The roads surrounding the Lee Monument are essentially shut down. Trucks were towing cars from restricted areas after drivers were warned for days of the no parking zones. As the crackdown continues, some businesses plan on keeping their doors open on Saturday to provide a safe place for those in the area.
Cell phone companies are gearing up for Hurricane Irma as it nears the U.S. and is poised to strike Florida this weekend. Verizon is rolling out "Cells on Wheels" and setting up a wireless emergency operation center. Verizon is providing free calls to Caribbean nations. "We have been engaged from the southern tip of Florida up through Virginia to ensure our network provides the life-saving connectivity needed during times like these," said Russ Preite, president of Verizon's southeast market.
With one of the most diverse college campuses in the Commonwealth, students are VCU are rallying together to show support for Dreamers. "I want to better myself for my family, for my future," declared one student, standing in front of his peers. He was born in Ecuador but considers America his only home, saying he would give his life for this country. His classmate stood up next to him, giving a passionate plea for support, leading the students a chant to "stand up, fight back.
Muck Rack makes it simple to find people, tweets, or articles that mention any name, keyword, company, hashtag etc. We've compiled this guide to help you make the most of your search.
Selecting a term
Start searching tweets, articles from media outlets, articles mentioned in tweets, journalists'
names, titles and bios with some suggested searches:
Companies or Topics (e.g. iPhone, Microsoft)
Phrases (e.g. "cloud computing") — use quotes to keep the terms together
Twitter handles (e.g. @username) — returns those who have mentioned or replied to
Names (e.g. "David Pogue")
Hashtags (e.g. #sxsw, #london2012)
Bio details (e.g. vegan, Olympics, father)
Muck Rack's Advanced Search allows for many boolean operators.
Find results that mention multiple specified terms, use AND or
+. For example, ensure each result contains both Elon Musk and Mark Zuckerberg by
searching Obama AND Romney or Obama + Romney.
Use the operators OR or , to broaden your search when you'd like either of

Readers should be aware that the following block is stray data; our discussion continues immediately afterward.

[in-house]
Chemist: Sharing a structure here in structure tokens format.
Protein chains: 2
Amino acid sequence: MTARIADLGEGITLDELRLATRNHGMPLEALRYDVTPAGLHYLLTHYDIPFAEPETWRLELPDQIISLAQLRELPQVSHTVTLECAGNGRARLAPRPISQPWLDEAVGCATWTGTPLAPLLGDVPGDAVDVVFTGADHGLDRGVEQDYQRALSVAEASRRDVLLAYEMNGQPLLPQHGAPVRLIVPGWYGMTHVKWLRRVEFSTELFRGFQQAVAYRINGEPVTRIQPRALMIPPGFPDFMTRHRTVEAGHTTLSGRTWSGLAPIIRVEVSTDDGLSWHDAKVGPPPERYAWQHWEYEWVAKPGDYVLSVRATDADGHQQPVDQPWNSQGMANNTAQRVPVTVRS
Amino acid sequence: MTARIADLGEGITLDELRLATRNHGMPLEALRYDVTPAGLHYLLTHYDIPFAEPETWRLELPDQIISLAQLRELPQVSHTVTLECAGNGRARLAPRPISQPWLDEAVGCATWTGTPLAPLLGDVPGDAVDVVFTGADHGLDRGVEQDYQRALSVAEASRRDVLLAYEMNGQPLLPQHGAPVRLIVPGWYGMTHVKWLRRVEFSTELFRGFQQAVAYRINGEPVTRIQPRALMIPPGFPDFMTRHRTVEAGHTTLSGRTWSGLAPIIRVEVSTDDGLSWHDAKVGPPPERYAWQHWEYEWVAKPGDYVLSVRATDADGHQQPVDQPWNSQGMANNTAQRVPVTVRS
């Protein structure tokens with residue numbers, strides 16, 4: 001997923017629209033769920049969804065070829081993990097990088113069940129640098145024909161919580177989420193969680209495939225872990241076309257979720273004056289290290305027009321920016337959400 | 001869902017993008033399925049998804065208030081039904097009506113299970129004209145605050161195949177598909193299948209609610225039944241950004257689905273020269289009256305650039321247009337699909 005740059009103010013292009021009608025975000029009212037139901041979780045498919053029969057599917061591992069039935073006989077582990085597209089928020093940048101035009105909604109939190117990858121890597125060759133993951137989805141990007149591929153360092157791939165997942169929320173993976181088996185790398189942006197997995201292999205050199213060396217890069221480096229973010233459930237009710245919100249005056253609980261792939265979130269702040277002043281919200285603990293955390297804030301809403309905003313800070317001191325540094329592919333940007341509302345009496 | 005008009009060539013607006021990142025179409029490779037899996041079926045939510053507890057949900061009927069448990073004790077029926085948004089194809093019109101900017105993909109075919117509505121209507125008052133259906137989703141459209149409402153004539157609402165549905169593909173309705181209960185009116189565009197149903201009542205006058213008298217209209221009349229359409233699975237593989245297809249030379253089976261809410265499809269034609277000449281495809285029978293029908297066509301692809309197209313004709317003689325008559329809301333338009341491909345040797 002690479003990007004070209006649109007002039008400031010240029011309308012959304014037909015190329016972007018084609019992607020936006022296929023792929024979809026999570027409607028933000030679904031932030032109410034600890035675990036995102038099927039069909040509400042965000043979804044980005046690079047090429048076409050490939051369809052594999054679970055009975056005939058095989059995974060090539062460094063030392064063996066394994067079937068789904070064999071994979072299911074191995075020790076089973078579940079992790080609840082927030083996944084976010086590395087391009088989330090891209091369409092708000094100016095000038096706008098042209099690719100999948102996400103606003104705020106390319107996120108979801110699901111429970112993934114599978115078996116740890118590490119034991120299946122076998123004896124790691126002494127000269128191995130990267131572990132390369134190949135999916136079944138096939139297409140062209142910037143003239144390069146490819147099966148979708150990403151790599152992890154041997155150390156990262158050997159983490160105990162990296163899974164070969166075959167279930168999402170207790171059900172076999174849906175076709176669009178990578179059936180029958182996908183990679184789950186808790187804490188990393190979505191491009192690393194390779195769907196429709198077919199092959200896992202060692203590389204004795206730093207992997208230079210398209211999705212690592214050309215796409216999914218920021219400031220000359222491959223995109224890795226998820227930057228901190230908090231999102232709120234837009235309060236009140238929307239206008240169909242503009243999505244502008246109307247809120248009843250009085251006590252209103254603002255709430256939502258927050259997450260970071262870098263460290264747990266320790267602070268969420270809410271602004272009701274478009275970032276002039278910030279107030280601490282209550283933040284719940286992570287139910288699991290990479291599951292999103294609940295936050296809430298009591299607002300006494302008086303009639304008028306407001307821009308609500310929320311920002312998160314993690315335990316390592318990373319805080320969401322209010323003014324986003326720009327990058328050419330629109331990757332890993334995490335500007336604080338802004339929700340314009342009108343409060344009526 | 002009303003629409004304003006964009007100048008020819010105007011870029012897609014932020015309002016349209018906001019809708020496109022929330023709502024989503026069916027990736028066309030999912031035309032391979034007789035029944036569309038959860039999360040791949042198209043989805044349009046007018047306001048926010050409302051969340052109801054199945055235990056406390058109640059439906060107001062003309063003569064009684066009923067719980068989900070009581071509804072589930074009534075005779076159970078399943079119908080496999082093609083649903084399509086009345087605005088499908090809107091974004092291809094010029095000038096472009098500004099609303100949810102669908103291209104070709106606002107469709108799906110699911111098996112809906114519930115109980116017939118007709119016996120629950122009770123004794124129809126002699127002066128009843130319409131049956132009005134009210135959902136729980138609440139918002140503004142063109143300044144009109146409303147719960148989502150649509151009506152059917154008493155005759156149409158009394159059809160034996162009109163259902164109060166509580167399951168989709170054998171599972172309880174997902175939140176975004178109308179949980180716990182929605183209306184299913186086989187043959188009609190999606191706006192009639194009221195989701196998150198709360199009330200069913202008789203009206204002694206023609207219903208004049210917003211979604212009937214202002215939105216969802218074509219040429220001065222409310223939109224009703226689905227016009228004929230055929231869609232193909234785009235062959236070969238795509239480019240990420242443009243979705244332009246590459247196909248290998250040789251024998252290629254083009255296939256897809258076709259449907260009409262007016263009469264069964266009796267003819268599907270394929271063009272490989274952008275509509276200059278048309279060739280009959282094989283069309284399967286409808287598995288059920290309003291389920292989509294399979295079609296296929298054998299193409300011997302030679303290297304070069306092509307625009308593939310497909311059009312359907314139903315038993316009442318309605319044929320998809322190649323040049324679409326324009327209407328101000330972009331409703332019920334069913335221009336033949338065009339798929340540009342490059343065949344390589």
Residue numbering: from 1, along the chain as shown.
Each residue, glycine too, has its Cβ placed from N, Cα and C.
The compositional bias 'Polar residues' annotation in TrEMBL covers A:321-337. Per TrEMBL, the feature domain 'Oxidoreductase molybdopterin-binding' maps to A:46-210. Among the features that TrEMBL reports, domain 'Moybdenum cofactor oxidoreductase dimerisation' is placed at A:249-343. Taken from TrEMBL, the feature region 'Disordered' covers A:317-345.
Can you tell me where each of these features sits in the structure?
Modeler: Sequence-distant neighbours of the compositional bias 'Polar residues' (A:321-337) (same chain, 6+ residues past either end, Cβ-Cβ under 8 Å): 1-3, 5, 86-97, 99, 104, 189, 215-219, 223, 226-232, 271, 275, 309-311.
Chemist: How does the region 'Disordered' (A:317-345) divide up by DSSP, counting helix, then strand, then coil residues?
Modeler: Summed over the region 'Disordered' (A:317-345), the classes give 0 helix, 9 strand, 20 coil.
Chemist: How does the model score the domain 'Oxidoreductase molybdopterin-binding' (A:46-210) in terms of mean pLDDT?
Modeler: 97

multiple terms to appear in results. (This is the default behavior of our search when no operators
are used.) For example, search for democrat OR republican to find results that refer to
Democrats and/or Republicans.
Use NOT or - to subtract results from your search. For
example, searching Disney will yield results about the Walt Disney Company as well as Walt Disney
World Resort. To exclude mentions of Disney World, search for Disney -World or Disney
When using one of these operators with a phrase, enclose it in quotation marks. For example, you can
find results about smartphones excluding Apple's iPhone 4S by searching smartphone -"iPhone
Exact case matching or punctuation
If you're searching for a brand name or keyword that relies on specific punctuation marks or capitalization, you can
find results that match your exact query by adding matchcase: before the keyword you're searching for, like matchcase:E*TRADE .
Use parentheses to separate multiple
boolean phrases. For example, to find journalists talking about having fun in Disney World or
Disneyland, search for ("disney world" OR disneyland) AND fun.
An asterisk can be used to search for any variation of a root word truncated by the asterisk. For example, searching for admin* will return results for administrator, administration, administer, administered, etc.
A near operator is an AND operator where you can control the distance between the words. You can vary the distance the near operation uses by adding a forward slash and number (between 0-99) such as strawberries NEAR/10 "whipped cream", which means the strawberries must exist within 10 words of "whipped cream".